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The holiday season is the most wonderful ... actually, scratch that. It's the busiest time of the year. There are sweets and treats to be baked in the kitchen; decorating to be done; gifts to be wrapped; and cards to be written, addressed, and mailed out. Your little helpers can help and have loads of fun doing it!
Candy Snails and Mushrooms
Visions of these sugar critters will dance through their heads: Ours are made with colorful sprinkles, gooey gumdrops, and sweet gummy rings. Candy is reenvisioned as lively kid-friendly decorations.
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Send some holiday cheer to friends and family by making Christmas cards from household materials like cookie cutters. They can outline a jolly shape on paper and color it in, or they can cut out shapes and glue them to the front of a card.
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Making a batch of holiday presents for class? You can make these teeny-tiny boxes (don't worry, they are pretty simple) for your kids to fill with small treats, holiday notes, candies, or trinkets for friends, classmates, and teachers.
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Smaller kids can outline their hand on a manila folder, then use the template to inspire a batch of baked sugar cookies. Translucent parchment works well for the heart stencil; it will allow you to see the shape of the cookie through it.
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Turn your toddler's art into a hand-drawn gift. It works like magic: With fabric crayons, kids draw on an ironed handkerchief. You can then press with an iron to set the image.
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Decorating the tree? Little ones will love stringing their favorite candies -- Swedish Fish, Life Savers, and gummies of all sorts -- and hanging their creations from the boughs. But be warned: They might nibble more than they string!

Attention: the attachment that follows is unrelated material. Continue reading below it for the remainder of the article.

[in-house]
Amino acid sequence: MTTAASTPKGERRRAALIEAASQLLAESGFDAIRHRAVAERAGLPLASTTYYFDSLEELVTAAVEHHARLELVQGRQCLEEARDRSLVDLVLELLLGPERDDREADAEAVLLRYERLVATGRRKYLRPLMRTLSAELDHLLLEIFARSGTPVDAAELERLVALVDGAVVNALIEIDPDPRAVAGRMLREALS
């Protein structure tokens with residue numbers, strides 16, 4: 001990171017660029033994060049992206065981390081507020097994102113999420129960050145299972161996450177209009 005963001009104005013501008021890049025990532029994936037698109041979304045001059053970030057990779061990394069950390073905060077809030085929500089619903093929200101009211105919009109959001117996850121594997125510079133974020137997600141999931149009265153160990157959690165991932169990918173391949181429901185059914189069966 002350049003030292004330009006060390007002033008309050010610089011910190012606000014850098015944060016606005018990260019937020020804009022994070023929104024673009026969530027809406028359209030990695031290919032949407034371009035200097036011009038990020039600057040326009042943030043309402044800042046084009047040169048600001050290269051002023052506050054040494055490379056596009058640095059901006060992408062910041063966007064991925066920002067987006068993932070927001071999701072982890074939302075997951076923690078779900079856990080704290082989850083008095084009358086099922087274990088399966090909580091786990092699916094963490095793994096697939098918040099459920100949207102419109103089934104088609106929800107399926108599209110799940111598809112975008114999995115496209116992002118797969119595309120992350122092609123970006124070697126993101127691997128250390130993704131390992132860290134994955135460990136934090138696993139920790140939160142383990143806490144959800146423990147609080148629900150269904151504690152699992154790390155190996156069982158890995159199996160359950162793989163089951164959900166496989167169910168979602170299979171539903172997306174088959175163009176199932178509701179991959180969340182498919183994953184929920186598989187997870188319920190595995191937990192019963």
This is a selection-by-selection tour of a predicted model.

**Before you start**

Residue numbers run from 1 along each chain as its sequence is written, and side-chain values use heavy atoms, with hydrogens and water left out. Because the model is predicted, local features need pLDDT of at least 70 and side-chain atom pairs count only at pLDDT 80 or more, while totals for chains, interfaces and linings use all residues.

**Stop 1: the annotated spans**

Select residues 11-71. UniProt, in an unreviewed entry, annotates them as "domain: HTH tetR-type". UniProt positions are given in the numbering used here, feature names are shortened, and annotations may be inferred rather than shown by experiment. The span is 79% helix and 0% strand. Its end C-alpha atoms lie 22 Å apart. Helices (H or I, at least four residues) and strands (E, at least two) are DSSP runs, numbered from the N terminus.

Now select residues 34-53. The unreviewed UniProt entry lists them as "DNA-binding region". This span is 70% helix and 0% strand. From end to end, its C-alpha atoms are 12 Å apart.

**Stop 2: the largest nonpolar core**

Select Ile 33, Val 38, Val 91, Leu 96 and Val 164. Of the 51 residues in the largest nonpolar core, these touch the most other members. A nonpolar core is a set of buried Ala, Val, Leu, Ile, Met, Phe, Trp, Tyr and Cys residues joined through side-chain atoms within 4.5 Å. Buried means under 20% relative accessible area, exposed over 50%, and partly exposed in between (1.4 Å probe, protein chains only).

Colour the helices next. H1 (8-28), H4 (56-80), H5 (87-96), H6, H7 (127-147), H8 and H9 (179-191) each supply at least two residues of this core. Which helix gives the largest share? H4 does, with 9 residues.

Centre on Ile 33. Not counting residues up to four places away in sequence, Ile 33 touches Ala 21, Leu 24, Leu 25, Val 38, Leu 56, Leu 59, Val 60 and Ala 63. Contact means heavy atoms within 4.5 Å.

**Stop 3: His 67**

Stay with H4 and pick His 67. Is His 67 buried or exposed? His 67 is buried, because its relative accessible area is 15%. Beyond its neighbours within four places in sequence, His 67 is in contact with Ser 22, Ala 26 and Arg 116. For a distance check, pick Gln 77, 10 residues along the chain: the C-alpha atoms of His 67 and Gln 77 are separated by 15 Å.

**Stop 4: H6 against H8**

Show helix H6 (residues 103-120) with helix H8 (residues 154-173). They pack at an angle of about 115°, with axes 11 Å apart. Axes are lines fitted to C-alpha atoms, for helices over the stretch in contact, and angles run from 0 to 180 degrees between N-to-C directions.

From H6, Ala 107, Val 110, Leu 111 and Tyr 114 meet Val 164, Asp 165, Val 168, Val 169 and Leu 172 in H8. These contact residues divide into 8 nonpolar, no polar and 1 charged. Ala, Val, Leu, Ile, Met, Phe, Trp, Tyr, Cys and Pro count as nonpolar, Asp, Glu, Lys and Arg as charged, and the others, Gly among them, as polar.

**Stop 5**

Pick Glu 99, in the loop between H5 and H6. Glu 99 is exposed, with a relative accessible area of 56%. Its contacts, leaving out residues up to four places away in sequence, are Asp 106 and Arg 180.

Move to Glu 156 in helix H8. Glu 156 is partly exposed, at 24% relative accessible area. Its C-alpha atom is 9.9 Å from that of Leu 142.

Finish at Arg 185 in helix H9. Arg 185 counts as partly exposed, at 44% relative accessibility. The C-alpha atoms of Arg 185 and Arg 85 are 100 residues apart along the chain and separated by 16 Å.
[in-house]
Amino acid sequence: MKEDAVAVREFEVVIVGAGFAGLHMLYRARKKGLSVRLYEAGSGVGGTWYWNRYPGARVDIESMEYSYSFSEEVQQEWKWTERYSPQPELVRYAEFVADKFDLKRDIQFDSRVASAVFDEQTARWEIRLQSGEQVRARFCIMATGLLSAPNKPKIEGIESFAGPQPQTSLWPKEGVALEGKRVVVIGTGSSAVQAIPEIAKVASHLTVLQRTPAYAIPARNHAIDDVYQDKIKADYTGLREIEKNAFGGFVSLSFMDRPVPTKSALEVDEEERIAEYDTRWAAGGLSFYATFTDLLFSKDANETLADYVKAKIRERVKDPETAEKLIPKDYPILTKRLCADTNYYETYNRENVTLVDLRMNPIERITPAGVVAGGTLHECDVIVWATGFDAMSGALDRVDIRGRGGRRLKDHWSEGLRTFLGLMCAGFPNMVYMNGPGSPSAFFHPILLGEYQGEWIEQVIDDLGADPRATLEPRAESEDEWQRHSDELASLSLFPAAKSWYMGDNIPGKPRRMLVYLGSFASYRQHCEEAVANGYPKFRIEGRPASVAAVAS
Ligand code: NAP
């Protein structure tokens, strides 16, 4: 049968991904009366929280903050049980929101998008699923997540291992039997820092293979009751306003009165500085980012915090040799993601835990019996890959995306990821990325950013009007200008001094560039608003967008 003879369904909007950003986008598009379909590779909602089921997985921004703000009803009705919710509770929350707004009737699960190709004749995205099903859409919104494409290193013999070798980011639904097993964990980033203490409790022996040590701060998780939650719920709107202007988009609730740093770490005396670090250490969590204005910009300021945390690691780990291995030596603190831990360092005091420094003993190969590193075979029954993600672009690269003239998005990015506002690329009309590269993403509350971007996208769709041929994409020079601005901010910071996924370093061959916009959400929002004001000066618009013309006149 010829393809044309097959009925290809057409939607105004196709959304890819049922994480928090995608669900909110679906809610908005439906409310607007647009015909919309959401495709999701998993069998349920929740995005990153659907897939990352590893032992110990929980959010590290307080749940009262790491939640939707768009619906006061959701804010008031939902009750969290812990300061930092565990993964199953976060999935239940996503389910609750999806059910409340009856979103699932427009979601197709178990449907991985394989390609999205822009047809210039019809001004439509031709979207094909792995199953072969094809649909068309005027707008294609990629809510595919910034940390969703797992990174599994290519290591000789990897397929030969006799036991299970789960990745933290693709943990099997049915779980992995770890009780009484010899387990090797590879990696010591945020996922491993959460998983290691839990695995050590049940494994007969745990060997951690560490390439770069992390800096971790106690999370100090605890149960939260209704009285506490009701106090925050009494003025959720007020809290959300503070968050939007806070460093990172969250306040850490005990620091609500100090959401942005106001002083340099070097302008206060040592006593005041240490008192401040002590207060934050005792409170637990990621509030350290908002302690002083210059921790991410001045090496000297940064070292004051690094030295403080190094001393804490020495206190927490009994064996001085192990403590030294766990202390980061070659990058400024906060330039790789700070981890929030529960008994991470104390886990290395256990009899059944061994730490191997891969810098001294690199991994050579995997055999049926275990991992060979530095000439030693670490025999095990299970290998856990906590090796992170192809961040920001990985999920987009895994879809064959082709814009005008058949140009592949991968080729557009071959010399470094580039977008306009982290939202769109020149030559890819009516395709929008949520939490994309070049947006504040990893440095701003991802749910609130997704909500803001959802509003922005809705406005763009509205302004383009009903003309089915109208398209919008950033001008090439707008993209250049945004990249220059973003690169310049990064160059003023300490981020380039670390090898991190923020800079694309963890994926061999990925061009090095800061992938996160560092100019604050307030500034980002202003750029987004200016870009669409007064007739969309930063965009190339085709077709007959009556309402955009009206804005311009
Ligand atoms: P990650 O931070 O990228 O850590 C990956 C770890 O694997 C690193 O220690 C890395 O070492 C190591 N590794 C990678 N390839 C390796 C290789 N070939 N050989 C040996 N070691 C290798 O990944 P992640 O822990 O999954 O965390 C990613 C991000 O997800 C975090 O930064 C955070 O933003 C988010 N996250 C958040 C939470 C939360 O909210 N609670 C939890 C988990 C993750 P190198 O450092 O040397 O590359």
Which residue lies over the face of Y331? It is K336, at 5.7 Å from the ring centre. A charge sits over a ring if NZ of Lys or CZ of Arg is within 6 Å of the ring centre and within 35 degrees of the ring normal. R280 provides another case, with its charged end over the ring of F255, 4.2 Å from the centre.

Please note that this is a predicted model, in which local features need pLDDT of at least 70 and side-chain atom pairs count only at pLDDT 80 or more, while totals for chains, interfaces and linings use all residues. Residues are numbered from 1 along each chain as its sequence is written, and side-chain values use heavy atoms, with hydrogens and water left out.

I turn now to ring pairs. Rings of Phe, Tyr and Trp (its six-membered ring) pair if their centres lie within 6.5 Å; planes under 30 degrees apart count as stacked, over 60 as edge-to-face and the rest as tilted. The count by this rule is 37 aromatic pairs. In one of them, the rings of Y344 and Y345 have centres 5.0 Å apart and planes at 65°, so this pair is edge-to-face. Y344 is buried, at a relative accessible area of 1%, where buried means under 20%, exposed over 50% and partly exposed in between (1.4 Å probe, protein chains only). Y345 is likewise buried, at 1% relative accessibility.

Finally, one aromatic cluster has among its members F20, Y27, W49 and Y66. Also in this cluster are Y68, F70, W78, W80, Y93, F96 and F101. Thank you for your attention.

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Something as simple as a button can be reimagined into the fantasies of a winter wonderland: A bundle of bright-red holly berries, the roly-poly shape of a snowman, a festive wreath. These simple cards are made of folded card stock.
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Small children can lend a helping hand in the kitchen -- mixing dough ingredients, using a cookie cutter, and stringing them from a very merry mobile -- to make a batch of these colorful cookie ornaments.
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These colorful carolers can sit in a windowsill winter scene, a shelf amid a windfall of sugary snow, or placed by the front door of a gingerbread house. If desired, you can help kids attach wires for hanging on the tree.
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Leftover wrapping paper? Kids can punch shapes from decorative papers using a craft punch to make their own stickers! Once backed with glue and allowed to dry, they can be remoistened later and stuck on notebooks, lunch bags, and stationery.
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Here's a new tradition you can start with your little ones: making colorful ornaments. They pour red, yellow, and blue tempera paint into a clear ornament, and it results in a swirly pattern.